J. Reuben Clark Law School
Professor Stephanie Barclay from the J. Reuben Clark Law School has been selected out of thousands of attorneys to be one of four clerks for Supreme Court Justice Neil Gorsuch during the 2021 term. Barclay, a BYU graduate herself, was hired on staff as a professor in 2018 after working for the Becket Fund for Religious Liberty. During her first year on campus, she received the Professor of the Year award from second and third-term law students. “I’m excited to be exposed to new ideas and perspectives about a range of legal issues while at the Supreme Court,” Barclay said. “And I look forward to sharing things I learn with my BYU Law students when I return.”
College of Fine Arts and Communications
HFAC galleries Director Jason Lanegan was recently recognized at RootsTech for his ability to capture his family history in his artwork. For over a decade, Lanegan has been making artwork based on the idea of religious reliquaries. He collects items relating to his ancestors, like dirt from a family land and family trinkets, to create his reliquaries and share his family history. Lanegan said his work has been a turning point in his life and encourages everyone to participate in genealogy and learn about their own family history.
The Social Shakeup organization recognized BYU Professor and Y-Digital Manager Adam Durfee as the social media innovator of the year. Durfee received the award for creating a social media chatbot to give the public reliable, up-to-date information on Utah’s wildfires last summer. Durfee said the campaign was successful because it existed to help people, not sell a product. He credits the work of the Y-Digital students, who he said played a large role in the campaign’s success. “These students, though they aren’t recognized in this award, need to know that their willingness to work on this project was instrumental in its success,” Durfee said.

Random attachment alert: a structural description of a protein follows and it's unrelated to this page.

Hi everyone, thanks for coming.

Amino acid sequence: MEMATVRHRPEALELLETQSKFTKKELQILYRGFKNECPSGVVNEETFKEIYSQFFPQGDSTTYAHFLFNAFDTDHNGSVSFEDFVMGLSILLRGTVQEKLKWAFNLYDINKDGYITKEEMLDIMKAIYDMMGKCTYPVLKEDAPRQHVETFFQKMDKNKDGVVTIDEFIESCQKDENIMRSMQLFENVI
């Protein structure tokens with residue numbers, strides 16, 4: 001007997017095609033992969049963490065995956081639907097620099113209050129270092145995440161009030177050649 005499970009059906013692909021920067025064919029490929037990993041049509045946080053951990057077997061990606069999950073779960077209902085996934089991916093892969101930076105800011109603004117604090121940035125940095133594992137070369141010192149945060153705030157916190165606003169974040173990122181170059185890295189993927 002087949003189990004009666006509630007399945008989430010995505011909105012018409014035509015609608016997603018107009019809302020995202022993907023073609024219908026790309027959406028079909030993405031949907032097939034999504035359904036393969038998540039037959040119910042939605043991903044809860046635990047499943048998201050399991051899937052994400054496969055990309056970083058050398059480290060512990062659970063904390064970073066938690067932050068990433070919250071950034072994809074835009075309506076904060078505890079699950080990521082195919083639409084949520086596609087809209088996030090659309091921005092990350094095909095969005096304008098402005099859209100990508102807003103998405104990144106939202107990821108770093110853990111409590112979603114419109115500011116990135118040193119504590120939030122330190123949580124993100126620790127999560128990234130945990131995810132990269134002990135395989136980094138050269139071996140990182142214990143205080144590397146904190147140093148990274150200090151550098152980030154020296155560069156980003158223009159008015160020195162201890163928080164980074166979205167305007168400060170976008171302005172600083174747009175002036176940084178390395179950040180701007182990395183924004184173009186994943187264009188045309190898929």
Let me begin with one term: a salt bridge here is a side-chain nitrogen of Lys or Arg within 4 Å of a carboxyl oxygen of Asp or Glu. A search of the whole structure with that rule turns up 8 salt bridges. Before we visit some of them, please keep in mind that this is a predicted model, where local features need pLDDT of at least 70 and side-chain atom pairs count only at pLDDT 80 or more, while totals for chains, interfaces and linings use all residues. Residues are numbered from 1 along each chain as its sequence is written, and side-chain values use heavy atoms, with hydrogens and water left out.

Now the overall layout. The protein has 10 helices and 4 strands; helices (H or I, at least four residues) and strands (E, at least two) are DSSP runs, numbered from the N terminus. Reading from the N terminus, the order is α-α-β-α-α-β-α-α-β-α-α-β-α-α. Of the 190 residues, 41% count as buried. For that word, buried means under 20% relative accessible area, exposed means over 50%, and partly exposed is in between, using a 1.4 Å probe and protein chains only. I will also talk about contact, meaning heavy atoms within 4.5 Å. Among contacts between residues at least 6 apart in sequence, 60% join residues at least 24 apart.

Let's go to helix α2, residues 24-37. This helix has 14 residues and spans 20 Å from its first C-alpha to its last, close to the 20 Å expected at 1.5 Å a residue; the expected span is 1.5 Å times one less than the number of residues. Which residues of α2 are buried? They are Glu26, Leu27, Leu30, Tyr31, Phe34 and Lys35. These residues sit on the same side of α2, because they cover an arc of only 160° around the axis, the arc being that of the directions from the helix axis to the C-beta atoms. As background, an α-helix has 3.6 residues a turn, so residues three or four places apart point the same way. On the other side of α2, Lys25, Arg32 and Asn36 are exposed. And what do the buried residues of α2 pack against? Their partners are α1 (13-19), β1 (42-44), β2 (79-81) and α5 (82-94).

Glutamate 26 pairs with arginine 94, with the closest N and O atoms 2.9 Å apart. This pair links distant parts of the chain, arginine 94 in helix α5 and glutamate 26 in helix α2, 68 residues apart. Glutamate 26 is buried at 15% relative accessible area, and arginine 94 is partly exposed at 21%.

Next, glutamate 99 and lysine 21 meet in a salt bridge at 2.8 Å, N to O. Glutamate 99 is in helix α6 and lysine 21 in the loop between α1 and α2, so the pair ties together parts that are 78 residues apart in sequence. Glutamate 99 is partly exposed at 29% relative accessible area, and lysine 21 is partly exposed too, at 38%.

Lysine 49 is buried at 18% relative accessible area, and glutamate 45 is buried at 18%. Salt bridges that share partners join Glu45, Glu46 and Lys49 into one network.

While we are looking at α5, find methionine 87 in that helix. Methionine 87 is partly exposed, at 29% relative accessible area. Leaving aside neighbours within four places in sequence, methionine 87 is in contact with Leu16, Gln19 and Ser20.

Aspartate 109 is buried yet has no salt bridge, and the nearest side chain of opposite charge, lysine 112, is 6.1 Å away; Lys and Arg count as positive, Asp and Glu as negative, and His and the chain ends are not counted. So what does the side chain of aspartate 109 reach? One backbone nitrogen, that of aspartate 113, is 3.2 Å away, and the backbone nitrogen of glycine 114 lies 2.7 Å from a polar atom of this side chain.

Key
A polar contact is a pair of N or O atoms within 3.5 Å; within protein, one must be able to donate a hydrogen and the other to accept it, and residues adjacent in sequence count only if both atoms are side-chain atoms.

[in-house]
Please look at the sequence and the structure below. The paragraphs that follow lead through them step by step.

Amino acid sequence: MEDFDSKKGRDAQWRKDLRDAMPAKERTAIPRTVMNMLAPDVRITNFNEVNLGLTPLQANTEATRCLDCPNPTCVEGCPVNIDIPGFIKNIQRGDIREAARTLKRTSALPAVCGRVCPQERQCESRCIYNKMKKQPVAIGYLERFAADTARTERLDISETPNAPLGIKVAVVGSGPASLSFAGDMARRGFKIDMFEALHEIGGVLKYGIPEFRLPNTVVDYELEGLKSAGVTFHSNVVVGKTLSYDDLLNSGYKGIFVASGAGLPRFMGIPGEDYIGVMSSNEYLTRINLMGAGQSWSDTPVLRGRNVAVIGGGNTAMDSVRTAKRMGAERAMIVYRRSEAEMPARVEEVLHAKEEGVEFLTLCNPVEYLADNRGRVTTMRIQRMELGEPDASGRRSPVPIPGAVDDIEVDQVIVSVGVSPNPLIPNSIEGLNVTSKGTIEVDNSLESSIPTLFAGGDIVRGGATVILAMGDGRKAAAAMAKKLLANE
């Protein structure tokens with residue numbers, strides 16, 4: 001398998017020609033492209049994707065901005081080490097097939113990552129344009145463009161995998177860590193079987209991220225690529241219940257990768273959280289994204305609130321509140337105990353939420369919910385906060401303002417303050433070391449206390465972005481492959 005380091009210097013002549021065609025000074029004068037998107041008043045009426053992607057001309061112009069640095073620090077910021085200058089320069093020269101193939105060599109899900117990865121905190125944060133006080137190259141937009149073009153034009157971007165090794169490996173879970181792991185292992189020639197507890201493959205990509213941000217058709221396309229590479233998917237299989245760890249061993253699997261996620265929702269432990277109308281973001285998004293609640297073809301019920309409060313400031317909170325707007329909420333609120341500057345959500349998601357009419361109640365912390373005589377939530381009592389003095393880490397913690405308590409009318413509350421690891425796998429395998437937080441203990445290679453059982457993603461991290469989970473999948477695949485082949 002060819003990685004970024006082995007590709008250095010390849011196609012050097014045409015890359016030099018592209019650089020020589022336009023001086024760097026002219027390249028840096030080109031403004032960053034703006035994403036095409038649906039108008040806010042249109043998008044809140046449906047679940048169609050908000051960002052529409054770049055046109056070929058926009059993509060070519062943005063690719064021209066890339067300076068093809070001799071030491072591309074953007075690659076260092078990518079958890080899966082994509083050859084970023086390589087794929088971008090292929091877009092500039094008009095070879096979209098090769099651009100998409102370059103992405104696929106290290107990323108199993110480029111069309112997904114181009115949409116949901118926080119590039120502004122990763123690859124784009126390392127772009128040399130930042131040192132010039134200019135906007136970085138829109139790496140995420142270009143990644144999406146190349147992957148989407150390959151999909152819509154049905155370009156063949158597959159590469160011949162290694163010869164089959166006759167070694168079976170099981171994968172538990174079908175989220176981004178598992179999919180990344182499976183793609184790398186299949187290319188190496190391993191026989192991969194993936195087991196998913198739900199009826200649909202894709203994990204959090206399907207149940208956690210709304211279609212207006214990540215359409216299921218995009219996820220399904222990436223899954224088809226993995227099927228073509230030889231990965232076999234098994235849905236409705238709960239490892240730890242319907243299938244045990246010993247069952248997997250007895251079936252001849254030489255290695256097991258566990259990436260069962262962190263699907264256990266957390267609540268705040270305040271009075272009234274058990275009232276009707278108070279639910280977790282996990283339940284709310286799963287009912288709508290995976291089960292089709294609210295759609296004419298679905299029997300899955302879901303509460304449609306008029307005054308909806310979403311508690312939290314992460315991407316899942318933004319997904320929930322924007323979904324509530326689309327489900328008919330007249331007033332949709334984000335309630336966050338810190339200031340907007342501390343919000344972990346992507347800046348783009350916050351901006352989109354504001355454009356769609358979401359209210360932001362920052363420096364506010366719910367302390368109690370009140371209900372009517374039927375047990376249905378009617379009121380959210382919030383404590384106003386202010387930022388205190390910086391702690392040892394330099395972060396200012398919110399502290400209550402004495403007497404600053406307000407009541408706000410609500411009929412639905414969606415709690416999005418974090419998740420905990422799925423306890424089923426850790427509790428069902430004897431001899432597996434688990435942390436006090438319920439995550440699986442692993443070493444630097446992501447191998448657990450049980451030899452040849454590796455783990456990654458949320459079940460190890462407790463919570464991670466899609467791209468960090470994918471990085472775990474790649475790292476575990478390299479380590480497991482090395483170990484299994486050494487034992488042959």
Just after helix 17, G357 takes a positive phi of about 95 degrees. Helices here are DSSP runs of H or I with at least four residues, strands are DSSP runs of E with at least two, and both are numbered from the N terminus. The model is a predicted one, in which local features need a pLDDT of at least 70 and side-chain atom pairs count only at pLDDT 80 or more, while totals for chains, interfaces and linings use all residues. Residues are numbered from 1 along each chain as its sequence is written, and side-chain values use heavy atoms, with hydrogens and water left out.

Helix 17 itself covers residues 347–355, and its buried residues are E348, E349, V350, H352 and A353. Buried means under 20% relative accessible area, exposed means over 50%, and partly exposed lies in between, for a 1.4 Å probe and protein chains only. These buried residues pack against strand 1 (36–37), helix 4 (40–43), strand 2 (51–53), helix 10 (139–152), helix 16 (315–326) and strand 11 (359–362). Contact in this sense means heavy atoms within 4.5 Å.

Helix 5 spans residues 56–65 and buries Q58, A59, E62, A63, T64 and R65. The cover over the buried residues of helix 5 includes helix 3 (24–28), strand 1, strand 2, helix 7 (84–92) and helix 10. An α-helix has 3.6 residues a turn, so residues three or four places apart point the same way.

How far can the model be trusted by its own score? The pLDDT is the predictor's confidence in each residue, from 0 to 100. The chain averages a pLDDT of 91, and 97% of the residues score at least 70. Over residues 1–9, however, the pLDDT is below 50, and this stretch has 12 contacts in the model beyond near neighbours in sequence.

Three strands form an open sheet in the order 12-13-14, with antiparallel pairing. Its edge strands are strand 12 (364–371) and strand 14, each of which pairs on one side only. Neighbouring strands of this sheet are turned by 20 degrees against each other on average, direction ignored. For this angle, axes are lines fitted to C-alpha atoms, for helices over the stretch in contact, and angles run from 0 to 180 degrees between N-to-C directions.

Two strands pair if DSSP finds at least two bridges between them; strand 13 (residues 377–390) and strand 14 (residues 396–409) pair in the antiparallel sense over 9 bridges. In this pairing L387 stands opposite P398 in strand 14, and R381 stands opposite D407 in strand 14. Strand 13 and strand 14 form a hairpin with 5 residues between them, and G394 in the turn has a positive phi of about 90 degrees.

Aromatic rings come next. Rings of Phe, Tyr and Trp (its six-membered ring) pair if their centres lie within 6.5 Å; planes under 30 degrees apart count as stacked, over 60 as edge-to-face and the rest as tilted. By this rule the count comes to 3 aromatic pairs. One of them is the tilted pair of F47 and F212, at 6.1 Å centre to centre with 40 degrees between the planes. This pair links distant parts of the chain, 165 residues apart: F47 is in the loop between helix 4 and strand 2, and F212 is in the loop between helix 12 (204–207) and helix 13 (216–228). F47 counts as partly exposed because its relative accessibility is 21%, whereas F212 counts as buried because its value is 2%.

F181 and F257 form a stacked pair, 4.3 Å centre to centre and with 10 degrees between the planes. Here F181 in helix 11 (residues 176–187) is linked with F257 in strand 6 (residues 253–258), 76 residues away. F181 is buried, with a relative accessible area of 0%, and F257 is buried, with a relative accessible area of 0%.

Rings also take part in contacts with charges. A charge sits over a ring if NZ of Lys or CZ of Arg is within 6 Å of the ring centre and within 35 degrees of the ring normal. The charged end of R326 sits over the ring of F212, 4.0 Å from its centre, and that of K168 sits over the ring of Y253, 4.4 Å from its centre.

Ira A. Fulton College of Engineering
BYU engineers have set out to make friendlier, soft robots with NASA funding. Their current model, named King Louie, is made from fabric that can inflate and deflate with an interior similar to a bike tire. King Louie’s arms and torso are controlled by microchips that connect to a computer system dictating its movements. The goal is to make people more comfortable around robots when they have been potentially harmful in the past. NASA is interested in soft robots for the possibility of lighter, easily compacted technology that can be used in space travel and research.
Marriott School of Business
A team of BYU Marriott MBA students won second place at the Adam Smith Society’s Smith Soc Case Comp. The competition challenged BYU and nine other top business schools to develop a potential business solution to an issue regarding driverless cars. Over six days, the Marriott team developed an attainable solution for the case and presented it to judges. Their unique ideas ultimately led to their success as they took home a prize of $4,000.
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